This elegant work of Art Deco design is by the British Pottery Crown Devon. The pitcher jug form is seemingly simple but there are actually a number of subtle Art Deco design nuances incorporated into the design. The body is accentuated by the gently exaggerated curves at the belly and handle, with a finishing accent of a lightly fluted rim and spout. The most standout feature is obviously the carved detail and the way the body of the vase swells around the carved lines, making each section exquisitely tactile.
The semi-matte silk glaze décor is a blending of Sky blue, dappled with dashes of pale Chartreuse, this graduates into a Dusted Cocoa brown. This refined piece is stylistically timeless and the combination of the design, colour palette, size as well as excellent condition makes it a particularly rare find.
Excellent. There are no chips or repairs. There is mild and negligible crazing all over that is commensurate with the age of the piece. Please refer to photos as they form part of the condition report. The underside of the base bears Crown Devon's stamp denoting 'Crown Devon, Made in England' and a further indistinct stamp with the series name 'Harlem'.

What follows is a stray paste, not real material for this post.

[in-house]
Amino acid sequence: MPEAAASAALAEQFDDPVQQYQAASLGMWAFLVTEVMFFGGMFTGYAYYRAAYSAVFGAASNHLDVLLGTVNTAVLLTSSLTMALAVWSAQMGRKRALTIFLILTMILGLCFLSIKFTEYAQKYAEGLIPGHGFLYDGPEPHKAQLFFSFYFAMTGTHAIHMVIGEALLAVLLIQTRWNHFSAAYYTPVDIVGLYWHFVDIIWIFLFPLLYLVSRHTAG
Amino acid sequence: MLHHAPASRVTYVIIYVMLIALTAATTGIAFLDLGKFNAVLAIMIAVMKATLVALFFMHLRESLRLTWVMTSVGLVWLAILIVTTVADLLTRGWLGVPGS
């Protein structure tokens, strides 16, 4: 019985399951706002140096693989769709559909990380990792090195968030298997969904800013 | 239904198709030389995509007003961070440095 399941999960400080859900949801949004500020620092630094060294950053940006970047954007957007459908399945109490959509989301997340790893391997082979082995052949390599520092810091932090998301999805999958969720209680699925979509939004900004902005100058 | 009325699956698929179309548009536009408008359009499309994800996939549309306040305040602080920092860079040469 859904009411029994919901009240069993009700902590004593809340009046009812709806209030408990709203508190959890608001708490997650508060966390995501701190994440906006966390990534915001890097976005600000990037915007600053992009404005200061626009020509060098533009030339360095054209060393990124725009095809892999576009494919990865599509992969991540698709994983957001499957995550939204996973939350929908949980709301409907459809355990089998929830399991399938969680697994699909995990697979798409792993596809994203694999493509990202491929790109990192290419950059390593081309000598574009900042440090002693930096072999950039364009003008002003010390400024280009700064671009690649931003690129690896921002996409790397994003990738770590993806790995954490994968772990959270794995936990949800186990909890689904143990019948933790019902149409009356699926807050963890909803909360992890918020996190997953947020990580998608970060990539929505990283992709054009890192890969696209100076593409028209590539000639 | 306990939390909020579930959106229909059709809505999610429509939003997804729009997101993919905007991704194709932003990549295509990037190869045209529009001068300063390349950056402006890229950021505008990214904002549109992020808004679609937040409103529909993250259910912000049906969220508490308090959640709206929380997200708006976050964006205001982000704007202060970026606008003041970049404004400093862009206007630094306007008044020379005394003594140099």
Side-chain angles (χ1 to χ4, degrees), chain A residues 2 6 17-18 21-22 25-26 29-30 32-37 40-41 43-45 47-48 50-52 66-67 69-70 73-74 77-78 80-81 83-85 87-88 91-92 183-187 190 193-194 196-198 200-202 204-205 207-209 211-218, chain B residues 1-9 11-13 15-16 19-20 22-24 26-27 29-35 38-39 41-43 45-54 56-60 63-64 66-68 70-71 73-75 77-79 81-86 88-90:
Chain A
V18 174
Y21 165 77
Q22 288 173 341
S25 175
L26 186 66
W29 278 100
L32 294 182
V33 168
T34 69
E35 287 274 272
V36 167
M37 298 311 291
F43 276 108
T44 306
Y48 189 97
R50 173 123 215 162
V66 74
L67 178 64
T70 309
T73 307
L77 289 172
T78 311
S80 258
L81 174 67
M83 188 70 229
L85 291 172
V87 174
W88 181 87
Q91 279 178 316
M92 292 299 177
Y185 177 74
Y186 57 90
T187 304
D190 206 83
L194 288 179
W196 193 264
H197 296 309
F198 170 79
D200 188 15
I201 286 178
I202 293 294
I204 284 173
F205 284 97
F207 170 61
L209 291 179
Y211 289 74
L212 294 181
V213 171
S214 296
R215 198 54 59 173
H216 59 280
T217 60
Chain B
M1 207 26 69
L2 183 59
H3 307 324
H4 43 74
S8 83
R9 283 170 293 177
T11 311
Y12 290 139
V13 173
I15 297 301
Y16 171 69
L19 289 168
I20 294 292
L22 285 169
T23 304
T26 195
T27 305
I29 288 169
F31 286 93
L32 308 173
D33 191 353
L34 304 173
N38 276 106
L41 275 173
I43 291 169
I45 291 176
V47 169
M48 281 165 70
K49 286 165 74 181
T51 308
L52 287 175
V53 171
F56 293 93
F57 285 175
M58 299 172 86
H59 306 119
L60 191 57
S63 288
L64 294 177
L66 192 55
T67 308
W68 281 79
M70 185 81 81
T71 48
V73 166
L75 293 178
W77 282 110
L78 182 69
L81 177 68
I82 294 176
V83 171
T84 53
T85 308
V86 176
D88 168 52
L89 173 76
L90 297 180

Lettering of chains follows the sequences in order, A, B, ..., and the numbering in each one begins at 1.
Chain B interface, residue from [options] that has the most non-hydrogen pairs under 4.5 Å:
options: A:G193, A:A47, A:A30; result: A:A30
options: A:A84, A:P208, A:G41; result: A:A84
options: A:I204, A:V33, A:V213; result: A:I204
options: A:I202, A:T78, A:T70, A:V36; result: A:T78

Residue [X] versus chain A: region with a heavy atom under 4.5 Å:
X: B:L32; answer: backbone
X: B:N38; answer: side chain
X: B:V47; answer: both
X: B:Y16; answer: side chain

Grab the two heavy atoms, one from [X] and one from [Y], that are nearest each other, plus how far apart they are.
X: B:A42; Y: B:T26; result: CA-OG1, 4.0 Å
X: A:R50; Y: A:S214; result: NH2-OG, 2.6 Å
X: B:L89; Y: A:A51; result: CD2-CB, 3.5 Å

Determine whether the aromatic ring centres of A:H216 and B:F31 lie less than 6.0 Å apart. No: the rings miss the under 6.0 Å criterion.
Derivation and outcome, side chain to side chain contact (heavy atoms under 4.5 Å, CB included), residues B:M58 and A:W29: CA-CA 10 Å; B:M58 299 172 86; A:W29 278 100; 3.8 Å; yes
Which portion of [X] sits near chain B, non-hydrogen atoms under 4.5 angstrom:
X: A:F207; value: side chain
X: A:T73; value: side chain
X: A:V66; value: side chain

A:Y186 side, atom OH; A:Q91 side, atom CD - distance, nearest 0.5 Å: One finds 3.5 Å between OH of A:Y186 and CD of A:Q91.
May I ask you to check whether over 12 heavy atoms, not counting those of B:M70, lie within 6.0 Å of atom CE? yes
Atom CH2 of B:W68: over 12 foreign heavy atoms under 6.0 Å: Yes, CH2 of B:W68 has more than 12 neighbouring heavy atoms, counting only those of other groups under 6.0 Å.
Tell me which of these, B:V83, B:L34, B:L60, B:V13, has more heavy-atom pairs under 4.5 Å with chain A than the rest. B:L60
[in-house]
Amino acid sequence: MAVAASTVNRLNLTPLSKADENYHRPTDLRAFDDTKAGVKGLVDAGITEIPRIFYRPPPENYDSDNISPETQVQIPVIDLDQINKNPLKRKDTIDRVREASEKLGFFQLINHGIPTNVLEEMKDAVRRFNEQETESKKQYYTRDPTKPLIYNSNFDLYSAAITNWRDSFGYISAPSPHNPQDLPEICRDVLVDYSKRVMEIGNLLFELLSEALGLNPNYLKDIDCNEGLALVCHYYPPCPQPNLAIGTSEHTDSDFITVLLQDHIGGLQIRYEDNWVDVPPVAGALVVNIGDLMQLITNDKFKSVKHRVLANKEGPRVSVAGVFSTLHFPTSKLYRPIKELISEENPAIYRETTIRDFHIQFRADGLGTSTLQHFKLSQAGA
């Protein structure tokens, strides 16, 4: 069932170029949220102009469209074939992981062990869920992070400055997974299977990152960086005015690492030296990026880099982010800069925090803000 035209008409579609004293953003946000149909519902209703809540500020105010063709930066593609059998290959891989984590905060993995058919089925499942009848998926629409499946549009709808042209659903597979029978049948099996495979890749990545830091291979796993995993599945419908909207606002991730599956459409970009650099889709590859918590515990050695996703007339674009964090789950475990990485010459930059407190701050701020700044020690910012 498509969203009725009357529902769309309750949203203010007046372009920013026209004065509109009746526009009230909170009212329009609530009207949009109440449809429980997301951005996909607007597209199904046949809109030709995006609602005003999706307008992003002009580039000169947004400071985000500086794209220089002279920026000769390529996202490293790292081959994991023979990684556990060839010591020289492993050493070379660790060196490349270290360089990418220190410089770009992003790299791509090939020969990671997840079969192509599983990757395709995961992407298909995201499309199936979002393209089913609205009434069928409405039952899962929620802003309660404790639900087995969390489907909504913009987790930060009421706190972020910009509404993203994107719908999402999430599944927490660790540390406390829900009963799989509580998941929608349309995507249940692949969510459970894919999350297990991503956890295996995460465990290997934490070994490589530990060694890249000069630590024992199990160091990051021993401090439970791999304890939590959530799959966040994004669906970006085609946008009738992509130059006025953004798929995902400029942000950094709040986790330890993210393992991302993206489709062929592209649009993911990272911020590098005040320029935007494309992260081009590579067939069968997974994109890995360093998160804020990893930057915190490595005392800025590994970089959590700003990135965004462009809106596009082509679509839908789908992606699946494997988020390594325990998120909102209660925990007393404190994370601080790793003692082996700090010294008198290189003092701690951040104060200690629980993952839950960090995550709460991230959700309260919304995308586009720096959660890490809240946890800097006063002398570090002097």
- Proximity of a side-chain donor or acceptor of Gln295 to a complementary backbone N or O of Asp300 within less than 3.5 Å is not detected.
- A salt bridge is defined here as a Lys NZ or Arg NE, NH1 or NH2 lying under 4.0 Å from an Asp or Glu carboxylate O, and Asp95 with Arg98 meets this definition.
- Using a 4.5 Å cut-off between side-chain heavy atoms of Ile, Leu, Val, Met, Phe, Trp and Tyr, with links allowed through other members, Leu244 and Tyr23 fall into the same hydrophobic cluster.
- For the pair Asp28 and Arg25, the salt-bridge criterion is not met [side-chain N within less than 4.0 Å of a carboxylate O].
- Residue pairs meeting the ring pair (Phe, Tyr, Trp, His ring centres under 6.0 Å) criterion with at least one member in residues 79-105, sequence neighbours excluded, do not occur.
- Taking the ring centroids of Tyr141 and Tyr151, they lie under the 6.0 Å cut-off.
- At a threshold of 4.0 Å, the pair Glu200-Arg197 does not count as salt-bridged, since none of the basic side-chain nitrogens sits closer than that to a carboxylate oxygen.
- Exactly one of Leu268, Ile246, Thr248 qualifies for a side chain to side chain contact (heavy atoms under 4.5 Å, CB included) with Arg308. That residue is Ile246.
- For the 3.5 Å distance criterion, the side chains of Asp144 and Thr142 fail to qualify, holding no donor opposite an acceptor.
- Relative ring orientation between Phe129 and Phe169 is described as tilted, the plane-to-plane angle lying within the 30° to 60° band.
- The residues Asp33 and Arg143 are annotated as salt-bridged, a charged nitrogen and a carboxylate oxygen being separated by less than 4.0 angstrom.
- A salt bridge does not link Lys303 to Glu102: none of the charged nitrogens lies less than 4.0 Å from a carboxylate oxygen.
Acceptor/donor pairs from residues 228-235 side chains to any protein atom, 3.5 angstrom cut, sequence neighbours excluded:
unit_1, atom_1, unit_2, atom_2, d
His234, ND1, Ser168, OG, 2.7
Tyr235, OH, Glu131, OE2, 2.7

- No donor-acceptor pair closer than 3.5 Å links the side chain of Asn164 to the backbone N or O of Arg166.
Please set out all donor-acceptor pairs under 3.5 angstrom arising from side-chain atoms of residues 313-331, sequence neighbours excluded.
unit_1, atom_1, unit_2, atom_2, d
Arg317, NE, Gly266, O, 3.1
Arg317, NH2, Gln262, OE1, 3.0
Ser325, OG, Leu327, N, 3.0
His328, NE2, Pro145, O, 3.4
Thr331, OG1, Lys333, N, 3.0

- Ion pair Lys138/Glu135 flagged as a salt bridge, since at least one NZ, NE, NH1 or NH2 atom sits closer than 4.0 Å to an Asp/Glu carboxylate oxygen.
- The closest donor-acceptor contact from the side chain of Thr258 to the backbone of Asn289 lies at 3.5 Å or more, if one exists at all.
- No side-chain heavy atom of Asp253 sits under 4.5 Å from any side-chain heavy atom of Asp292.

Height: c. 7.9" / 20 cm (from base to rim) x c. 4.3" / 11 cm rim (across widest point). Diameter: c. 5.9" / 15 cm (across widest point). Base diameter: c. 3" / 7.6 cm. Unpackaged weight: c. 1 kg / 1,025 g
Vase will be securely packaged and shipping will be insured. Shipping will be combined for multiple items.
A BIT OF HISTORY
Crown Devon Fieldings (1870 - 1982)
The pottery was founded in 1870 by Simon Fieldings in Stoke on Trent but it would be 10 years later before they began to produce Majolica style pottery that was popular during the 1880s. Their product range began to expand in the 1890s, working with British United Clock company and they would continue to expand their product range as popularity flourished after successful world trade fairs in the 1900s. They sustained their success for over a century before sadly closing in 1982 at the time of the recession.